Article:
McConaughey: Everything’s Not Alright Alright

When this blog started in the fall of 2012, Matthew McConaughey was coming off a solid two-year period which saw him headline the surprise legal drama hit The Lincoln Lawyer and attract rave reviews for his supporting role in Magic Mike.

Yet 2013 elevated the actor to a whole new stratosphere. His work in the acclaimed indie pic Mud garnered Oscar chatter. He had a memorable cameo alongside Leonardo DiCaprio in Martin Scorsese’s The Wolf of Wall Street. It ironically turned out that McConaughey’s scene partner in that film was his biggest competition for an Oscar. Dallas Buyers Club would see the Texan playing Ron Woodruff, a real life AIDS patient in the 1980s. McConaughey’s work was praised and he took home the gold statue. His luck streak continued into the following year starring in Christopher Nolan’s Interstellar, which stands as his largest grossing live-action feature.

Since then? Well, let’s just say the McConaissance has been interrupted. Or borrowing his most famous catchphrase from 1993’s Dazed and Confused – it’s not Alright Alright.

This weekend, his stoner comedy The Beach Bum tanked at the box office. Its approximate $1.8 million opening is the worst release of the actor’s career. And it follows a pattern of now seven live-action duds (he did provide voice work in the animated pics Sing and Kubo and the Two Strings). And to give a modicum of credit, he did skip the subpar sequel Magic Mike XXL.

At least Nicolas Cage had a string of action hits after his Oscar before delving into VOD territory. McConaughey hasn’t been so fortunate and he quickly needs a critical or commercial success to redeem things. His list of recent material is an unsuccessful and largely forgettable one. In three years, we’ve had:

  • Free State of Jones, his summer 2016 Civil War drama that took in $20 million domestically against a $50 million budget. Its Rotten Tomatoes score was 46%.
  • The Sea of Trees from later that summer. The drama wasn’t even released wide and didn’t make a million dollars (13% RT score).
  • True life crime drama Gold in January 2017. 42% RT. $14 million gross stateside.
  • The Dark Tower in summer 2017. The critically maligned Stephen King adaptation had a 16% RT rating and immediately ended the possibility of a franchise with earnings of $50 million.
  • Another based on actual events crime drama from last fall – White Boy Rick. 58% RT and $24 million gross.
  • Noir thriller Serenity from earlier this year. Barely promoted, it made an embarrassing $8 million total with a 23% RT score.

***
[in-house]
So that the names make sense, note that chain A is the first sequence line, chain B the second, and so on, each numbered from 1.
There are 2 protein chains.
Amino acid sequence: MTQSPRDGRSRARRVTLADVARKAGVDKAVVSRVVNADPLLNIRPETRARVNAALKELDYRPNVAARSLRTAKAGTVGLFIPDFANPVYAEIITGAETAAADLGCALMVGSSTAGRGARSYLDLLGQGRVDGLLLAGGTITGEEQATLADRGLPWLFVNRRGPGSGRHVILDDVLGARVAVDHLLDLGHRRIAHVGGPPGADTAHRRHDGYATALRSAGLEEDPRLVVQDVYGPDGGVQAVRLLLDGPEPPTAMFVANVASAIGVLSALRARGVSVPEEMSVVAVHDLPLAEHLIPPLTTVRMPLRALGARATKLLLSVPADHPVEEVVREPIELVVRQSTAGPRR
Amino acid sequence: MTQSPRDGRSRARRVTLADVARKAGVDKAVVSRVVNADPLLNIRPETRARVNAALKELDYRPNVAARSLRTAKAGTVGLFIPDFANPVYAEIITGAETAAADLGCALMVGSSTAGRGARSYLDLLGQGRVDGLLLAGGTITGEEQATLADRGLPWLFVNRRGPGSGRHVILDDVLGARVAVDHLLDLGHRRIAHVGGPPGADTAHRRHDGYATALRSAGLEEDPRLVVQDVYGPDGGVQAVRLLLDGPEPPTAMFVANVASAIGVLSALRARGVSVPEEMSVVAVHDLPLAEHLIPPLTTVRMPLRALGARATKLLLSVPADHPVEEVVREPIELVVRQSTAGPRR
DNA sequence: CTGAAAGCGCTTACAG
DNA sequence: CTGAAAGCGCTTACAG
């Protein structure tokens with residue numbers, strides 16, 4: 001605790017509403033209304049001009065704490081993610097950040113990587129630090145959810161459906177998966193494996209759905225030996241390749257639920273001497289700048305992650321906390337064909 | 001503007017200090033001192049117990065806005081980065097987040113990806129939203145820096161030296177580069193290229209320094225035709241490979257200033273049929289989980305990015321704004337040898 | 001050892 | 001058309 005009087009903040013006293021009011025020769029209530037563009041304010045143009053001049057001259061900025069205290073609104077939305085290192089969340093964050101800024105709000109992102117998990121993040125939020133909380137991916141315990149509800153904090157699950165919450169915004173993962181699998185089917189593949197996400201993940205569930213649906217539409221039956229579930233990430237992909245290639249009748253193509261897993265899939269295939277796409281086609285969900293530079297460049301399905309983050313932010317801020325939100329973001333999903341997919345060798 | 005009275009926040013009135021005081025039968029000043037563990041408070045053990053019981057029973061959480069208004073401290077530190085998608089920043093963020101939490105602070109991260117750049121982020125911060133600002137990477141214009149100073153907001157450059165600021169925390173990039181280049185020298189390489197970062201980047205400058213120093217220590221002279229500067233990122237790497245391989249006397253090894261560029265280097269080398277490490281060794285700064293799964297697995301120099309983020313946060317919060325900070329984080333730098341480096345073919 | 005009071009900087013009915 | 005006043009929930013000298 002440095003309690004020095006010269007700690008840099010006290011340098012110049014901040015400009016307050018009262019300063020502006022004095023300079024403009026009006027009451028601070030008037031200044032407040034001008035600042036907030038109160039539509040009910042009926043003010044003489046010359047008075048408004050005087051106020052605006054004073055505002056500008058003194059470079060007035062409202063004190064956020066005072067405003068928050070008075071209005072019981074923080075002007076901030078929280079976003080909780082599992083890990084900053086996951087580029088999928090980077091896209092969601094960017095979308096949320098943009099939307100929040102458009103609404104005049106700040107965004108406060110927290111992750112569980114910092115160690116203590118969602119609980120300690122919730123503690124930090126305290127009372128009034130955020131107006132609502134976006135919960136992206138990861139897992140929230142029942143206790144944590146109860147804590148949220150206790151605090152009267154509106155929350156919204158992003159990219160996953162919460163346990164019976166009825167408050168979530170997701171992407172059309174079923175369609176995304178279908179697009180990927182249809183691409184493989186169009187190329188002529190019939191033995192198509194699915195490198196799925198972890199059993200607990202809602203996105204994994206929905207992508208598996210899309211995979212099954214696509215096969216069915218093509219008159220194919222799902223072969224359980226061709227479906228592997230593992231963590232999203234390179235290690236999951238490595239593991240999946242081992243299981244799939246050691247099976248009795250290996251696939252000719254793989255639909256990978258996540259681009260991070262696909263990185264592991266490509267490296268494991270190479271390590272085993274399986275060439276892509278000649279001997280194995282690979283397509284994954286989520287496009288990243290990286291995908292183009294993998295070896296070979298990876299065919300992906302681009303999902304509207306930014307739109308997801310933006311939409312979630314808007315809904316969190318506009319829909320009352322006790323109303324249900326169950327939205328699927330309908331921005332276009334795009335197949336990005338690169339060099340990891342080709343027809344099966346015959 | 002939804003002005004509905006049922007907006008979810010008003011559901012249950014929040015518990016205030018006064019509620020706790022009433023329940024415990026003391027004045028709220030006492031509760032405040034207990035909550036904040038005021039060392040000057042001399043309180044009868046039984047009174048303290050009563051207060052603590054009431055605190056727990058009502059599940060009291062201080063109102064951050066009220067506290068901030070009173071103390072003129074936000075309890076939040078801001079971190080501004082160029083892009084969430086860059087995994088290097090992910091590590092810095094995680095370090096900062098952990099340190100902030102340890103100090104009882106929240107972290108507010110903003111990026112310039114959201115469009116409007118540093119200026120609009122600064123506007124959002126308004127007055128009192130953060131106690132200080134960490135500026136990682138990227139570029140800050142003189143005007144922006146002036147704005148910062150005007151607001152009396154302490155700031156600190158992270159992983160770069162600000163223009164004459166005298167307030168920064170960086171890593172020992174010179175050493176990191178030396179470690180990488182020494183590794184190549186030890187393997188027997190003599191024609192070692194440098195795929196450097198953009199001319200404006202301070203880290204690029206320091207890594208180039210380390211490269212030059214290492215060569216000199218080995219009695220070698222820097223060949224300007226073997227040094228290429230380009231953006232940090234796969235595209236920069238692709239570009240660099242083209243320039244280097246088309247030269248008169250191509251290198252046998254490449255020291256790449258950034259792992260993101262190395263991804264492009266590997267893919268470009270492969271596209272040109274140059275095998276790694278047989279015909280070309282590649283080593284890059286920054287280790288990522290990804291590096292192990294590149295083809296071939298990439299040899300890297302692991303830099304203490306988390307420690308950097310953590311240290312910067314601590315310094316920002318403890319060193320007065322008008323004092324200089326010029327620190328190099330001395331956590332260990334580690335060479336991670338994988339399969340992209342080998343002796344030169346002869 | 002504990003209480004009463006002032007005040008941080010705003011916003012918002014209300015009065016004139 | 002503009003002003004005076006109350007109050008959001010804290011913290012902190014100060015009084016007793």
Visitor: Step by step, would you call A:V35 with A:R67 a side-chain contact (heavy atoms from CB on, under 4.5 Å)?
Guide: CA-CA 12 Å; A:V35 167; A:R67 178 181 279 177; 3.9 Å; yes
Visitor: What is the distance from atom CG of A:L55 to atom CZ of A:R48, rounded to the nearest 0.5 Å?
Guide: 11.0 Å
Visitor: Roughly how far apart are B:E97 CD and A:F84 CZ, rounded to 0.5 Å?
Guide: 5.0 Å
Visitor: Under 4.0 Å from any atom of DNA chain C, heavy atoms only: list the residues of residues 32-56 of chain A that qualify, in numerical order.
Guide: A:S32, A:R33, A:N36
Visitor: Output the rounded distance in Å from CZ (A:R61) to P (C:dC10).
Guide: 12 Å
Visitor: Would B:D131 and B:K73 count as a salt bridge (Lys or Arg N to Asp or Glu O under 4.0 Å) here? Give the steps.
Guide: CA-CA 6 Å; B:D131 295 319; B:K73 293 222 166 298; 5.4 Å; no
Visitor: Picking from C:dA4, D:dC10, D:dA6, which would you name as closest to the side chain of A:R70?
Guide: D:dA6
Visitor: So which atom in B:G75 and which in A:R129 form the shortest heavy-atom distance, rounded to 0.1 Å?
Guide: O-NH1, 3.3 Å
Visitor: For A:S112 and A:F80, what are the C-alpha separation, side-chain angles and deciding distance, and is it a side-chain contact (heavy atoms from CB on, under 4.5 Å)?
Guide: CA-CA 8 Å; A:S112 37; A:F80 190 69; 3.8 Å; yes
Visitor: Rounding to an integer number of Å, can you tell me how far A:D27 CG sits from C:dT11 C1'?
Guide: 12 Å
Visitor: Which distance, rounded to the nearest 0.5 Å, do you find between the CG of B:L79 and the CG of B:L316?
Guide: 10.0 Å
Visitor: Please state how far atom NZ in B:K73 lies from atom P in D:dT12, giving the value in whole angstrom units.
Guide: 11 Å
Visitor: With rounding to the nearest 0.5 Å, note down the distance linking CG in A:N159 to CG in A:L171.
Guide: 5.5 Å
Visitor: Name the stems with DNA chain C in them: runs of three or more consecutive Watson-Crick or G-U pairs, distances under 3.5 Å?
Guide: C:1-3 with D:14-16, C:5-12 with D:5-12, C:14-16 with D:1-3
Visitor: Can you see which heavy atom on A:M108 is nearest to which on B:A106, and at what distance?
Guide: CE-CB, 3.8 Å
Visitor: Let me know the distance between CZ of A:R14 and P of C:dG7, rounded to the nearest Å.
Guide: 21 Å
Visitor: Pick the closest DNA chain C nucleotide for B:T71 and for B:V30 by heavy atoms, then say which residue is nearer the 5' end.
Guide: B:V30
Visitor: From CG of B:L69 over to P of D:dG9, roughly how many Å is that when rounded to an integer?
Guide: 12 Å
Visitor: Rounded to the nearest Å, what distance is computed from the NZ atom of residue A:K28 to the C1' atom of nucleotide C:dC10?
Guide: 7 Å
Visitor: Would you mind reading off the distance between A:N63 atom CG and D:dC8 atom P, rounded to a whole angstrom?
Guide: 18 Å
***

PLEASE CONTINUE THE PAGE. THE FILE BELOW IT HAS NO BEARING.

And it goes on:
And now The Beach Bum, which won’t reach $10 million domestically either. It’s time for McConaughey’s people to find him some better stuff. His most memorable appearances lately have been in car commercials. If they can’t manage to do so, there’s always 2013.

2013: The Year of Matthew McConaughey

Seventeen years ago, Matthew McConaughey burst onto the film scene with a starring role in A Time To Kill, Joel Schumacher’s adaptation of John Grisham’s bestseller. His luck continued into the following year with Steven Spielberg’s Amistad and Robert Zemeckis’s Contact.

After that, things went off the rails a bit as McConaughey headlined one lackluster pic after another. The Newton Boys. EDtv. Two for the Money. And there were too many predictable rom coms (some of which did decent business at the box office): The Wedding Planner, How to Lose a Guy in 10 Days, Failure to Launch, Fool’s Good, and Ghosts of Girlfriends Past.

The actor’s biggest flop came in 2005 with Sahara, a big budget action spectacle meant to turn McConaughey into the next action star. It failed grossing $68 million domestically against a reported $130 million budget.

For a while, it looked as if McConaughey’s film portfolio would consist of lame rom coms and not much else. In 2011, everything began to turn around with an acclaimed turn in the unexpected hit legal thriller The Lincoln Lawyer. In 2012, McConaughey was lauded for his supporting roles in the indie comedy Bernie and especially Magic Mike, which was a major summer hit.

The actor’s transformation into critical darling has come full circle in 2013 and that’s why he earns a spot in this blog series. First there was Mud, a $10 million budgeted coming of age drama that sits at 98% on Rotten Tomatoes. It has earned $28 million domestically and furthered McConaughey’s status as a performer who suddenly knows how to pick quality material.

It has continued this fall with Dallas Buyer’s Club, where he stars as a drug addicted cowboy in the 1980s who contracts the AIDS virus. McConaughey lost 50 pounds for the part, critics are raving, and chances are that he’s on his way to his first Oscar nomination.

And this Christmas comes a supporting role in The Wolf of Wall Street, Martin Scorsese’s eagerly awaited film about Wall Street corruption. McConaughey is featured prominently in the pic’s brilliant trailer and this looks to be the actor’s third winner in a row for 2013.

McConaughey has been a terrific example of what happens when a quality actor stops slumming with projects he chooses and goes a different and more fascinating route. In 2013 and beyond, McConaughey is reaping the benefits of his decision. His next project up in 2014: starring in Christopher Nolan’s next feature Interstellar that is sure to be one of the next year’s most anticipated titles. For McConaughey lately, everything has indeed been alright alright.

Part five of my six part blog series focusing on performers with great 2013’s rolls on tomorrow with a comedic actress who broke out in 2011 and solidified her box office clout this year.